Hurricane Dennis Bears Down on U.S. Gulf Coast Hurricane Dennis has left Cuba and is now on track to blow into the Gulf Coast between Florida and Louisiana. NPR's Tom Gjelten is in Cuba and describes the damage the hurricane did to the island nation.
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Hurricane Dennis Bears Down on U.S. Gulf Coast

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Hurricane Dennis Bears Down on U.S. Gulf Coast

Hurricane Dennis Bears Down on U.S. Gulf Coast

Hurricane Dennis Bears Down on U.S. Gulf Coast

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Hurricane Dennis has left Cuba and is now on track to blow into the Gulf Coast between Florida and Louisiana. NPR's Tom Gjelten is in Cuba and describes the damage the hurricane did to the island nation.

JENNIFER LUDDEN, host:

From NPR News, this is ALL THINGS CONSIDERED. I'm Jennifer Ludden.

Hurricane Dennis is now over the Gulf of Mexico headed in a northwest direction toward the northern Gulf Coast. It's expected to hit tomorrow somewhere between eastern Louisiana and Florida's Panhandle. The storm is being blamed for at least 20 deaths--10 in Haiti and 10 in Cuba. There was some damage reported at the US detention facility at Guantanamo Bay, but no casualties. Dennis had been a dangerous Category 4 hurricane when it hit the islands. It's less severe now but could regain strength over open water. NPR's Tom Gjelten is in Havana and joins me now.

Tom, what can you tell us about the deaths there in Cuba?

TOM GJELTEN reporting:

From what I can understand, they were in central Cuba or eastern Cuba where the hurricane hit yesterday about midday, and as you said, it was much more powerful when it hit Cuba. Winds were reported up to a 175 miles an hour when it hit Cuba and the deaths were in those harder-hit areas. Now hundreds of thousands of people were evacuated from those areas, but there are always some people who refuse to move, some people who get trapped. There were two elderly sisters, for example, who didn't want to move. They were asleep in their bed or they were in their bed when the house collapsed and a wall fell on top of them. They were both killed. So that's what happened in at least a couple of the cases. Here in Havana, there have been no deaths that I know of reported and I've been monitoring the radio all day. There were more than 200,000 people evacuated from their houses here in Havana.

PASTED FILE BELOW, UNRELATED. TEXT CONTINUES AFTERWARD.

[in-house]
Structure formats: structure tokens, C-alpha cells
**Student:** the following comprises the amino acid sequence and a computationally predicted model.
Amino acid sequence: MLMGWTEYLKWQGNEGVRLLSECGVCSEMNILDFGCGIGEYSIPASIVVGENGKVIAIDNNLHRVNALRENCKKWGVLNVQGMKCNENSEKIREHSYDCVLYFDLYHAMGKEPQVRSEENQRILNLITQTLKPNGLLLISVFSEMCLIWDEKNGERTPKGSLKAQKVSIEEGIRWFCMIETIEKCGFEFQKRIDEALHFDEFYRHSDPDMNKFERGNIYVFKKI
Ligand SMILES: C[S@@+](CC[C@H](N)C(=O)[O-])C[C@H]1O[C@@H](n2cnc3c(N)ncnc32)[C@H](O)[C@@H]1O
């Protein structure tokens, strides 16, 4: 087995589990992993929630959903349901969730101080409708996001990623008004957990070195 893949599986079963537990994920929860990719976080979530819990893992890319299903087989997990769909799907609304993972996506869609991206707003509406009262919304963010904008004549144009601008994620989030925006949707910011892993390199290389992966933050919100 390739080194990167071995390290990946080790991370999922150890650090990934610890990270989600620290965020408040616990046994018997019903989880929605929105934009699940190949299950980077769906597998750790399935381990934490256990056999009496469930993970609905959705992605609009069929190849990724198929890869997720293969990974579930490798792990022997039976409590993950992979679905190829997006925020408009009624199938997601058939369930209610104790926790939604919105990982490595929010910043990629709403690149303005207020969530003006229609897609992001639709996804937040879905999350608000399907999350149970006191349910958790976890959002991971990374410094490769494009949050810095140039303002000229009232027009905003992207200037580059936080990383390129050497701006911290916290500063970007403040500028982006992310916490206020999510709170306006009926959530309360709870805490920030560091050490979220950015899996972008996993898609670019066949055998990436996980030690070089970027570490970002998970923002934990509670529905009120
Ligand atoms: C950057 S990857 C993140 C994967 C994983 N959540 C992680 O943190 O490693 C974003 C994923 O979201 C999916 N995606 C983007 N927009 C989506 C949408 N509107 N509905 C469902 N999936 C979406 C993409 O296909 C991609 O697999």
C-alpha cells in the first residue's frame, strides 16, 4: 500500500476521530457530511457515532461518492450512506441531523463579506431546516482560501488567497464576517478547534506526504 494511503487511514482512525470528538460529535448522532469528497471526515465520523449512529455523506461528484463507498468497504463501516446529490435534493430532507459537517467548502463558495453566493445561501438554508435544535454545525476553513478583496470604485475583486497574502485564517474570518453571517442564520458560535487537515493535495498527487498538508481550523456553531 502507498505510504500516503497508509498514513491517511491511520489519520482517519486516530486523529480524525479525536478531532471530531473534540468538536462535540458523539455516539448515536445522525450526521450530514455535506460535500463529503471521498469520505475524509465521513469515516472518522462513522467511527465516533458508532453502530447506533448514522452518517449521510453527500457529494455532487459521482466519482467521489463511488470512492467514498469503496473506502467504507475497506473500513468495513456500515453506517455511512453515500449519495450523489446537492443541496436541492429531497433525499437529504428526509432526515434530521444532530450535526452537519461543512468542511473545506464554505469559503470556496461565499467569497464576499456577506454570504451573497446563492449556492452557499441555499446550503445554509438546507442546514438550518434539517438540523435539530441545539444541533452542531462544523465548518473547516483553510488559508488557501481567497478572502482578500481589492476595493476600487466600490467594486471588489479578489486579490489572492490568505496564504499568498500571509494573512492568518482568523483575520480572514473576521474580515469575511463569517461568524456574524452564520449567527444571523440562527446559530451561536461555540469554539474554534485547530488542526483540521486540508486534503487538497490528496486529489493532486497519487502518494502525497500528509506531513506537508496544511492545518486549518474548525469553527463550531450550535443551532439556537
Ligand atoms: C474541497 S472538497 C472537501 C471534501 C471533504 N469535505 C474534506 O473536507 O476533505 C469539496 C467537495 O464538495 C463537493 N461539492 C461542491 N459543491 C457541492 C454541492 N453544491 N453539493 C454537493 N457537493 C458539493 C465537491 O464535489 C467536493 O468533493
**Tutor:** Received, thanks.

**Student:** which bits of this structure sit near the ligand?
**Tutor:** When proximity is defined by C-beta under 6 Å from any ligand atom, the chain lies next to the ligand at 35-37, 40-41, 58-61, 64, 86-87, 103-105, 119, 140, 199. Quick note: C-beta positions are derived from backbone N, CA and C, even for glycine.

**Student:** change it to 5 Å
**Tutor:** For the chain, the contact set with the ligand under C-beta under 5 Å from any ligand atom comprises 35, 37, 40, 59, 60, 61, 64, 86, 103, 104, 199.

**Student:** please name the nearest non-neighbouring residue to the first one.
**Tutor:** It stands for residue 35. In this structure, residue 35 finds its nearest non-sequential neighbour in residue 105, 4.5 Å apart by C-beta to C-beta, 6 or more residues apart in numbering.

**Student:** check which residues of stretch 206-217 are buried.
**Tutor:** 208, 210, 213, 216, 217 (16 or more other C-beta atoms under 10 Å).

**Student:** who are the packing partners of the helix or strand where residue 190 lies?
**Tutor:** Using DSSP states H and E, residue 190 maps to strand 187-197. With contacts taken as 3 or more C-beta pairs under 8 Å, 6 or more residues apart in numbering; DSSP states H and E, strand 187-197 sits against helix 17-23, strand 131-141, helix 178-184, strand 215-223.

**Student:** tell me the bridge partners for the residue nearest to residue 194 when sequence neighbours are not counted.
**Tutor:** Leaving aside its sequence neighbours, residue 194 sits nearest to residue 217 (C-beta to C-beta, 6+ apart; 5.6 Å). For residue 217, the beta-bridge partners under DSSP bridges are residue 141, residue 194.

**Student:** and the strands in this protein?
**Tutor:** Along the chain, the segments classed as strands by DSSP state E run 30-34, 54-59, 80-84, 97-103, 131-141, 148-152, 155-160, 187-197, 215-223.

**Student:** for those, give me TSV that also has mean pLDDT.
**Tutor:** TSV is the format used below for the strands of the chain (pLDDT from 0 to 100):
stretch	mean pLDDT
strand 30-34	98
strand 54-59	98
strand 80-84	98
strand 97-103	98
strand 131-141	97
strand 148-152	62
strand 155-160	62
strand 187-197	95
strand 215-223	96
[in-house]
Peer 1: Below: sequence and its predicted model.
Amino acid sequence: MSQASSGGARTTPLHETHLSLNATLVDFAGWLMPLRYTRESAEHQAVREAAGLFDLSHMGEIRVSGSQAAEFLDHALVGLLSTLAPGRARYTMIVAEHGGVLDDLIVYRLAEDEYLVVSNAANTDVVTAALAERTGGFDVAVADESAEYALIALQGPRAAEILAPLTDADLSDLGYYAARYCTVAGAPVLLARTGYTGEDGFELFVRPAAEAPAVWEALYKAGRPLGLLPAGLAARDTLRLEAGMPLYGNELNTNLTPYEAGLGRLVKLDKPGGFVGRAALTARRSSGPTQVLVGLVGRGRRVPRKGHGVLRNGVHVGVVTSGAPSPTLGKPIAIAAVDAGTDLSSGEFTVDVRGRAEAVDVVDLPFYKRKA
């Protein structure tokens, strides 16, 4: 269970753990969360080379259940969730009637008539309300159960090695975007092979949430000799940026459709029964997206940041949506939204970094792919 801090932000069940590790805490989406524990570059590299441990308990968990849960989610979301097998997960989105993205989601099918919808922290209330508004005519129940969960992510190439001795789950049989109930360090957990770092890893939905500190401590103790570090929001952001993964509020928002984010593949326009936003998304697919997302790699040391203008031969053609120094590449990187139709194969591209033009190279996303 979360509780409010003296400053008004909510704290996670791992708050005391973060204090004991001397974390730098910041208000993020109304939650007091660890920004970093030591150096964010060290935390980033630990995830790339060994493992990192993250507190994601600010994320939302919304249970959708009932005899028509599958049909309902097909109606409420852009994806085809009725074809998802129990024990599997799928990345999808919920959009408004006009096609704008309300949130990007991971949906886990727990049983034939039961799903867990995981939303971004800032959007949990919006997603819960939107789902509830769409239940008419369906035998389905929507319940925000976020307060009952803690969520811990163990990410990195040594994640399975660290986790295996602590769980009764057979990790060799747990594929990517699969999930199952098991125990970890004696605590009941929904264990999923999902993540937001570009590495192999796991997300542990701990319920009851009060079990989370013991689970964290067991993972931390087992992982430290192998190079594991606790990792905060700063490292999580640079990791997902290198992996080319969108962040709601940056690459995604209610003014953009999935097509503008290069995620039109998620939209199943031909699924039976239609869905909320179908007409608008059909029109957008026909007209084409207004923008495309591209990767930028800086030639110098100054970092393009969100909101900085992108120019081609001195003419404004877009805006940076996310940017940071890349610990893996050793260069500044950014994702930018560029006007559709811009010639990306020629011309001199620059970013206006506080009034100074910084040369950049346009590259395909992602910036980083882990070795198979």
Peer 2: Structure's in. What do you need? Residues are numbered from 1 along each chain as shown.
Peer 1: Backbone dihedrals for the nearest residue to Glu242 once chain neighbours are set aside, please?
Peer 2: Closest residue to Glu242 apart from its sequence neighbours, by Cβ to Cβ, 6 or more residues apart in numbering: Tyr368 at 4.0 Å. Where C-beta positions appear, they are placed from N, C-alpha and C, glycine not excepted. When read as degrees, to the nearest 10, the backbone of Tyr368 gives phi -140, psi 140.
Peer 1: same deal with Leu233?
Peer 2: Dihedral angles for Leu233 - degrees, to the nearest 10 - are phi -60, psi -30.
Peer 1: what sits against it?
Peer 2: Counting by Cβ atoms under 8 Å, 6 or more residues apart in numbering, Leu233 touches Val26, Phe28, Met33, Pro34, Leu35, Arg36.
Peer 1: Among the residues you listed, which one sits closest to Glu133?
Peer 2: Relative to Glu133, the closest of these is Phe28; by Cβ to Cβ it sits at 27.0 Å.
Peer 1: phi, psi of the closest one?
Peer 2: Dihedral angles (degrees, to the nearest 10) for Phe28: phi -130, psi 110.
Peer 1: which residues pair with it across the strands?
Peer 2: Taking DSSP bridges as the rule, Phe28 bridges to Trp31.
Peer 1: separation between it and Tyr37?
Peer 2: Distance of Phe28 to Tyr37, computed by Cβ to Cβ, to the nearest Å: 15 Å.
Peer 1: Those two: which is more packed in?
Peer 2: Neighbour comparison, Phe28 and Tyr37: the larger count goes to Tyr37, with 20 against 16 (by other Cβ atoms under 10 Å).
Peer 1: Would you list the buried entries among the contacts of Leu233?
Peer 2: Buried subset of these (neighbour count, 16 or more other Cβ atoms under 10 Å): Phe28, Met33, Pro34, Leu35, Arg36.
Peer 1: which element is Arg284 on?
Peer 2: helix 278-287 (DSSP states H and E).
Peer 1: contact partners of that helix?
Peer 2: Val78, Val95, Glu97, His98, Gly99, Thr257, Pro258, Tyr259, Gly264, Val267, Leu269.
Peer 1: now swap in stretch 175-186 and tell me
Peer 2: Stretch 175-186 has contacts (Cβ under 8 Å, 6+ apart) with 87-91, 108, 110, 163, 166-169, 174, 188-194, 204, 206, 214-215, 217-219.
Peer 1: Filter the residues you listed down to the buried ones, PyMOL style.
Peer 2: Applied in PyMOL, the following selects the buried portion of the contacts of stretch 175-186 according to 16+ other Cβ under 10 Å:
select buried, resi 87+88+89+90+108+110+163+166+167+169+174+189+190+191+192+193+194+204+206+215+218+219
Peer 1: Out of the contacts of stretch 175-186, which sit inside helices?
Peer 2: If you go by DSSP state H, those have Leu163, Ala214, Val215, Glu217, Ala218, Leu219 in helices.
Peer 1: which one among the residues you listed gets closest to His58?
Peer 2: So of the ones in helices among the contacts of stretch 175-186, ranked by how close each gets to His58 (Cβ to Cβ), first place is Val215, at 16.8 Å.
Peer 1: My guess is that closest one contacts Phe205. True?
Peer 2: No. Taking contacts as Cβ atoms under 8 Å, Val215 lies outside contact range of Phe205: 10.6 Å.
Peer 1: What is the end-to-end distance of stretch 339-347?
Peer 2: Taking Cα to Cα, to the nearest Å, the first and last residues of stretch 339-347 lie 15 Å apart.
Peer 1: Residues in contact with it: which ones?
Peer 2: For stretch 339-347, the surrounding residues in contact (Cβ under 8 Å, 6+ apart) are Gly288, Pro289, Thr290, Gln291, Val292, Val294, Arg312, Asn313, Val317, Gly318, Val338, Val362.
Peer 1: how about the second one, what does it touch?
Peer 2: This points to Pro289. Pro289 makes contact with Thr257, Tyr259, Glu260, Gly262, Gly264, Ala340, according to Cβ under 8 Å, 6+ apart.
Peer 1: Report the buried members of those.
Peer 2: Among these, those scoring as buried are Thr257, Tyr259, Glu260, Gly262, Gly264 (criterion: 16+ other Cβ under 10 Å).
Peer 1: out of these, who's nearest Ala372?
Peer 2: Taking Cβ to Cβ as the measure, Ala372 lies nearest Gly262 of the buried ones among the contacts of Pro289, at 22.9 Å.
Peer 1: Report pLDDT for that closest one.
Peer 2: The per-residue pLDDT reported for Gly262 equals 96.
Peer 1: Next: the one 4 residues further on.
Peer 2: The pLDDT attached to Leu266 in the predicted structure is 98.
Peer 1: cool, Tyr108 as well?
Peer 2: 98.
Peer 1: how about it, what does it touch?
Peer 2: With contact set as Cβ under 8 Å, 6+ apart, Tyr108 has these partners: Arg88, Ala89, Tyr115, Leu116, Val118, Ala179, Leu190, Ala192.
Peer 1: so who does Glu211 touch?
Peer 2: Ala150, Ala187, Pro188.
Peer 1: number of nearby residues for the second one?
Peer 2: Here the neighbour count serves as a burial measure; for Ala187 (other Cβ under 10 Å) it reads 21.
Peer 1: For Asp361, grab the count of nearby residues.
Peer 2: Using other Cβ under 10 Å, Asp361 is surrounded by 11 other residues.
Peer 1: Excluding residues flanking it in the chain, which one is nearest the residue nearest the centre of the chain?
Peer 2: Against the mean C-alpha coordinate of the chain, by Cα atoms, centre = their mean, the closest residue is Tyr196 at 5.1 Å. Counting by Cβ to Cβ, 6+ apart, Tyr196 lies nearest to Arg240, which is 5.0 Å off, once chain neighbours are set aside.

LUDDEN: Have you been able to walk around at all and look at what kind of damage has been done?

GJELTEN: Yeah, I got out for a walk today here in downtown Havana. Of course, there's no electricity, there's no gas, not a lot of people on the streets. But actually I didn't think the damage looked that bad. I saw a number of trees that were down. Electrical wires were down. That's the kind of typical thing, but no great damage that I saw at least in this immediate area. One thing--one perhaps explanation is that the Cubans are really accustomed to hurricanes, know how to take precautions. A lot of boards have been put up over windows and so forth, and they really seem to be handling this with a routine.

LUDDEN: Well, I'm curious how the hurricane is being reported there.

GJELTEN: There hasn't been very much news. Now I don't know whether that's been because of difficulty with communication and transportation and all that kind of stuff. The emphasis here in Cuba is always on civil defense, on trusting your government to take care of you, and much of the reporting has that kind of slant. You know, what a good job the government did taking care of people.

LUDDEN: NPR's Tom Gjelten in Havana, thanks so much.

GJELTEN: Thank you, Jennifer.

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